Jacques Stambouli knows about deals, but not the kind that his fellow Harvard Business School alums are accustomed to, with the handshakes and million-dollar transactions. Stambouli’s deals involve shaving a few dollars off merchandise that customers return to retailers and he’s doing a lot of them, especially now, in the post-Christmas season when unwanted gifts are returned.
The warehouse of Stambouli’s company, Vernon-based Via Trading Corp., is a kind of grocery store of returned goods, where everything from fake Christmas trees to PlayStation parts to poker sets to dishware is crammed into boxes lined up in rows. This conglomeration is then sold to vendors, who in turn market the goods at yard sales, discount stores and both real and virtual flea markets, eBay Inc. being the biggest. “You are selling to people wholesale who are reselling it, but it is not really established businesses,” said Stambouli. “It is more of this big underground economy.”
Although underground, this economy is getting larger as more people take a stab at Internet commerce and search for wholesale suppliers. Via Trading is one of a small number of the larger wholesale players in an industry where solo brokers channeling goods from retailers to vendors are the norm. “There were very, very few established companies that dealt with wholesale. There are no wholesale chains across the country,” said Stambouli. He partially attributes this hole to the demise of mom-and-pop stores that, unlike chains, would fill their shelves with goods from wholesalers like Via Trading. Stambouli estimates that Via Trading will make $13 million this year, up from $7 million in 2005 and $4 million the prior year. Via Trading gets most of its items from department stores and big-box retailers. These companies off-load customer returns, which make up about 4 percent to 6 percent of all retail sales, when they can’t put merchandise back on the shelves.
Via Trading gets the goods at 10 percent to 25 percent of their wholesale cost, depending on the size of the order. And Stambouli expects his customers, who typically buy hundreds of items gathered in boxes at about $200 each box, to be able to double their money and still sell at half regular retail prices. Barry Riemer sells purses that he buys from Via Trading at Hooked On Handbags at the Valley Indoor Swap Meet and online. He discounts handbags at his 800-square-foot swap meet location at 60 percent to 90 percent off the retail price. A purse he sells for $15 to $50 might go for $50 to $150 at department stores.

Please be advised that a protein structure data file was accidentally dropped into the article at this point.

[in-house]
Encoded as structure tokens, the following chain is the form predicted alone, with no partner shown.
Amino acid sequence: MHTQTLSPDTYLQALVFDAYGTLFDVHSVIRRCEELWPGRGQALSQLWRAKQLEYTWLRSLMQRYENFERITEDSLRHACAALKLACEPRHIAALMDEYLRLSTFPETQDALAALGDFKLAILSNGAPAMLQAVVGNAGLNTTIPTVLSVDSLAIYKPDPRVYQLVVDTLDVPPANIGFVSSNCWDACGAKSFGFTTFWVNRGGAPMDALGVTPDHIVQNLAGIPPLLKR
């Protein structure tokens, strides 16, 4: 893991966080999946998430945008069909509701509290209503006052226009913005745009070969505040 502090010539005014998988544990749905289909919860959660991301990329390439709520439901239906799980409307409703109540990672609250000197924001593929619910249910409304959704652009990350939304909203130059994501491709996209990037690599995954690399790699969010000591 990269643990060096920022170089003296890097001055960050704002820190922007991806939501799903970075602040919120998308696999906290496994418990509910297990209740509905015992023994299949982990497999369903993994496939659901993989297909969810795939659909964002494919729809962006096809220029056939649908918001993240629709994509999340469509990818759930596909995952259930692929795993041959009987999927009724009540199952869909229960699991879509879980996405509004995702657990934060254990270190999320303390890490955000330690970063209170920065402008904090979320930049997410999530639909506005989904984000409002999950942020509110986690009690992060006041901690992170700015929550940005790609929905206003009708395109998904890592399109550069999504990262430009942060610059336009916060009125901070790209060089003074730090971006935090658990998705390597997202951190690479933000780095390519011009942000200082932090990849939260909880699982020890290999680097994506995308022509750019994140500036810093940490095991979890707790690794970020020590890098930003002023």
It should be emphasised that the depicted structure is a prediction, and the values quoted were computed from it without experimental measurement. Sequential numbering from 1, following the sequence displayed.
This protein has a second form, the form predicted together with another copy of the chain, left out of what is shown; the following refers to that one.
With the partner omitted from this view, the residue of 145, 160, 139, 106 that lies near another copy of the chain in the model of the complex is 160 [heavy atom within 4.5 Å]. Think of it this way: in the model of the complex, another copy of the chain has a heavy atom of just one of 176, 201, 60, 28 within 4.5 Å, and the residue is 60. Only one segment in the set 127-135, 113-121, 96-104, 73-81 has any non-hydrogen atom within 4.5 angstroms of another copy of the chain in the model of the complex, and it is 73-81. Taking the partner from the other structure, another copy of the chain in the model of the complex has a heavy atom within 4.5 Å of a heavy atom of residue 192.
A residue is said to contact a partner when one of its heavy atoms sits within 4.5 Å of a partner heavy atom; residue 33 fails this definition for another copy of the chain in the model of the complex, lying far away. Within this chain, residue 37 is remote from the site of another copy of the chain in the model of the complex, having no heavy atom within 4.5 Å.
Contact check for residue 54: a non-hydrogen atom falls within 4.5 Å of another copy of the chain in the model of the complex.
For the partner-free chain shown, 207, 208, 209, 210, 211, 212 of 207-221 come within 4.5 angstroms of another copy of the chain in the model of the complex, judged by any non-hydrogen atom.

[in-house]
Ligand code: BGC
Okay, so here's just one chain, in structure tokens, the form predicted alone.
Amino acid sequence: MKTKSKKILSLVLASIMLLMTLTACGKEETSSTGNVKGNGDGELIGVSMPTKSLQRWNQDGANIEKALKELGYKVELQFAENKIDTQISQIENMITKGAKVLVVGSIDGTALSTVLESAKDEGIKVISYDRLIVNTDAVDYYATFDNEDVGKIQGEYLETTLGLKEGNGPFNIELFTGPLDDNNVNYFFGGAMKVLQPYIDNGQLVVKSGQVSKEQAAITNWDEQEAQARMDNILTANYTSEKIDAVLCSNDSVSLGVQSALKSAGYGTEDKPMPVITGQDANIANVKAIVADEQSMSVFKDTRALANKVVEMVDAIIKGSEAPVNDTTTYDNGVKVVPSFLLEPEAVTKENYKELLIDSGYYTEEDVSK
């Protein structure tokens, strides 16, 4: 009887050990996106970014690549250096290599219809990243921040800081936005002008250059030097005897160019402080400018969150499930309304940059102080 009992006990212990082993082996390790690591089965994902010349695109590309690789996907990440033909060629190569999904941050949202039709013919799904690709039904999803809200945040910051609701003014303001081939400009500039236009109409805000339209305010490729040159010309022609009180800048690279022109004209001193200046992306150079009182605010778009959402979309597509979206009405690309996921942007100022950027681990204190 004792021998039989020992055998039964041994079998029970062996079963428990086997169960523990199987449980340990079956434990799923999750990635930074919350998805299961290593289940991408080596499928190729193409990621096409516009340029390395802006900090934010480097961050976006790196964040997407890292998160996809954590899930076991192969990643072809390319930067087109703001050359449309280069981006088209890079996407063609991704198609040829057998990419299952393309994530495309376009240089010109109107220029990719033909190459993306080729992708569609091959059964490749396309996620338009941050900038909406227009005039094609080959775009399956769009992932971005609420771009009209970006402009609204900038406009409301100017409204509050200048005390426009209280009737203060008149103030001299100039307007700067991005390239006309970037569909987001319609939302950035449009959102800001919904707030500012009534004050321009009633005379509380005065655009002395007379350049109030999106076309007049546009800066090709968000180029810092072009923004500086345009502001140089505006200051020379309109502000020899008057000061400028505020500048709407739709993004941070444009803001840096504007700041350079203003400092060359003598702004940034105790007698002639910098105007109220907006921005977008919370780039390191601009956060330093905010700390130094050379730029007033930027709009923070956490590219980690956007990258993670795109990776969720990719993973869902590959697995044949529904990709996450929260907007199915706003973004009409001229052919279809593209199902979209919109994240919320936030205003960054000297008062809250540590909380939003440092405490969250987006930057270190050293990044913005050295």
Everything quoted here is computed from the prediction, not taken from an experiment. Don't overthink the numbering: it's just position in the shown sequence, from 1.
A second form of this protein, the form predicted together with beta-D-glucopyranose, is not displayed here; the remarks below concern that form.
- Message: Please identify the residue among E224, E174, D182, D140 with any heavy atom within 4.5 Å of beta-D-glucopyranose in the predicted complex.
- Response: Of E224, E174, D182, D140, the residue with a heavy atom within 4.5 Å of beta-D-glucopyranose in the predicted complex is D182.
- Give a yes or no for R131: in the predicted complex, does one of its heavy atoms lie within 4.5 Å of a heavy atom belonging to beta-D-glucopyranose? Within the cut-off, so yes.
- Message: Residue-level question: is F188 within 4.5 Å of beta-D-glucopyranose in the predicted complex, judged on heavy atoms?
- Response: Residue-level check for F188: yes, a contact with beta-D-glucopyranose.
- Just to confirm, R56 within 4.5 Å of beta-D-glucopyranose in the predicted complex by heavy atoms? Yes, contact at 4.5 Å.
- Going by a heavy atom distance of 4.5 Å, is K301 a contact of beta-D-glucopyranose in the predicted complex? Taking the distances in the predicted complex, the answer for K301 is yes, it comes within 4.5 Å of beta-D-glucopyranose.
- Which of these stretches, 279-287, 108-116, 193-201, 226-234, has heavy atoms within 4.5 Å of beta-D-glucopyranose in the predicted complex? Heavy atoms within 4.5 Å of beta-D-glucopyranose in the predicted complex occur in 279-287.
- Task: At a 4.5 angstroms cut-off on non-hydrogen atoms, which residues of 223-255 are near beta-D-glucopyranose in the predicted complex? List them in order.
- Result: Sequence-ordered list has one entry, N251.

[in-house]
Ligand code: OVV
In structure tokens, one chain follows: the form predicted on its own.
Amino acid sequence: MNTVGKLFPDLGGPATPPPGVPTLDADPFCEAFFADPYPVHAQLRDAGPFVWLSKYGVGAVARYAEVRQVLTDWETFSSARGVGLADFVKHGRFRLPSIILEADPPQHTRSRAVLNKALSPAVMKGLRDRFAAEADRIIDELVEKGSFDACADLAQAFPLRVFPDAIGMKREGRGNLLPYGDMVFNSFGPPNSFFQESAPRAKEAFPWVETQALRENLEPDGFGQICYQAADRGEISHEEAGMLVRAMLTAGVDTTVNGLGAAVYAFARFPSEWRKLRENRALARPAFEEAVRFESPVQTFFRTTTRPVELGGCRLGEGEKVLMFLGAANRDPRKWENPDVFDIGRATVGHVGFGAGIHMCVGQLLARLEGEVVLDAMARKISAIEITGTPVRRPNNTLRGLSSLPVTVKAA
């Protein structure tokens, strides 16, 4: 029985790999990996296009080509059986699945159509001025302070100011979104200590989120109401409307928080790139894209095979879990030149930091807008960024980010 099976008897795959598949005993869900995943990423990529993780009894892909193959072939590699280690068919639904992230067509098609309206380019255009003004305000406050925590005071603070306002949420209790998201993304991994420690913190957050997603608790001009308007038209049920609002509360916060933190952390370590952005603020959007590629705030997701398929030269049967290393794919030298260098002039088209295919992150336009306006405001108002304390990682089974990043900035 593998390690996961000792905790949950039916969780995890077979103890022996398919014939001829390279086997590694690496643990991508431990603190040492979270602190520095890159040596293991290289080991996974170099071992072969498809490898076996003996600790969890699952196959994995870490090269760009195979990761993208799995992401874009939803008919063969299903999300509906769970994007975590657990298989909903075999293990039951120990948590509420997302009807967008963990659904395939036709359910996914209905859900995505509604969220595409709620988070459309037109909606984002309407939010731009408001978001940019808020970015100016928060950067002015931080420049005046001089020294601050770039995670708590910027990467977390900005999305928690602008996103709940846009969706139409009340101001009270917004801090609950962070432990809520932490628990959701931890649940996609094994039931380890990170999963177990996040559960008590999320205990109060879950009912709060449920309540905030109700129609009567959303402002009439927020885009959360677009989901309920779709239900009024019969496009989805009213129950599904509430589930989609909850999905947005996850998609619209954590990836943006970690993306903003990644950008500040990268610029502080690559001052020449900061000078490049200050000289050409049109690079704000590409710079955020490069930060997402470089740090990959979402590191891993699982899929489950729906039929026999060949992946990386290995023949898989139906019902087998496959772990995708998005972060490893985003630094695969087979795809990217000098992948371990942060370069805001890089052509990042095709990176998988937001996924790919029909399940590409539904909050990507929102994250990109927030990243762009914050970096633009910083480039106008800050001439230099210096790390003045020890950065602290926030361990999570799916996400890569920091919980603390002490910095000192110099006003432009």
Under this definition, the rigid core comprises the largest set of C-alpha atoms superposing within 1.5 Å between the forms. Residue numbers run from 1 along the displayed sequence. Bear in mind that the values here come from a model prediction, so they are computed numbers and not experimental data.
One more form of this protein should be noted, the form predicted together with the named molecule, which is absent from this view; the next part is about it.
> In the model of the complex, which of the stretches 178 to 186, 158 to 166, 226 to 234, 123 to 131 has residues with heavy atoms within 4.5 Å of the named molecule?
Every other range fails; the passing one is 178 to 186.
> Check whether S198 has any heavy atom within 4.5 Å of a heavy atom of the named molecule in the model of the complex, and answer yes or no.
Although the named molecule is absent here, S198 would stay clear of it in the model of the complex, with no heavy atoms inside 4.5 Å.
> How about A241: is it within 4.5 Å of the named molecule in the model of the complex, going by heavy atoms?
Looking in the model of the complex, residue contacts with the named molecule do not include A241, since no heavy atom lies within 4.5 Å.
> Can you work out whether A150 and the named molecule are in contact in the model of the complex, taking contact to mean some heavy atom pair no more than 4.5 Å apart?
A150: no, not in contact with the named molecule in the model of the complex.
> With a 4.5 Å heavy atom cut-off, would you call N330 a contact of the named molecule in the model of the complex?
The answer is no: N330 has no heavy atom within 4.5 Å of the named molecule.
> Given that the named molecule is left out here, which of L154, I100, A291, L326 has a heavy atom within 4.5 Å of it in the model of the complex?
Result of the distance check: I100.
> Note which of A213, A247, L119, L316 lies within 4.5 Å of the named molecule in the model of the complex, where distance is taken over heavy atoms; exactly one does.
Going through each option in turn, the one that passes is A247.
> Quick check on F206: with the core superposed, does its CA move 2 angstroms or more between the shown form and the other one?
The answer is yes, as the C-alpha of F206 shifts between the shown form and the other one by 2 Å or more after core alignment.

It’s turned into such a booming business for Riemer that he’s phasing out of his job as a vocational teacher. Last year, he sold $60,000 worth of handbags at the swap meet and $100,000 worth on eBay. He doesn’t see his sales ebbing because he said others don’t sell the high-end bags he has. “I don’t feel the least bit threatened. They are selling junk from China. Nobody can compare with a major department store,” said Riemer.
Even in the underground economy, Stambouli’s MBA came in handy. In fact, Via Trading was the result of a business school exercise: he had to conjure up a new retail concept. “It was going to deal with returns, (but) be a lot more Web-focused. I had done some research, and I had seen a lot of wholesalers trying to do it, but no retailers,” he said. “After a month or two of it, I found it was really difficult to find a reliable source of supply.” Stambouli decided he would be that reliable source, and Via Trading was born. As Via Trading has grown, it has used its size to attract more retailers that it buys from and customers it sells to.
On the retail end, Via Trading can swoop in and scoop up large quantities of goods because it houses inventory in its warehouse. That helps retailers avoid the complication of having to deal with scores of smaller operators, most of whom don’t have the space to store a lot of merchandise. Buying large quantities also benefits Via Trading’s customers. That’s because retailers reduce the price for surplus wholesalers who pick up larger quantities and, therefore, the wholesale price is knocked down.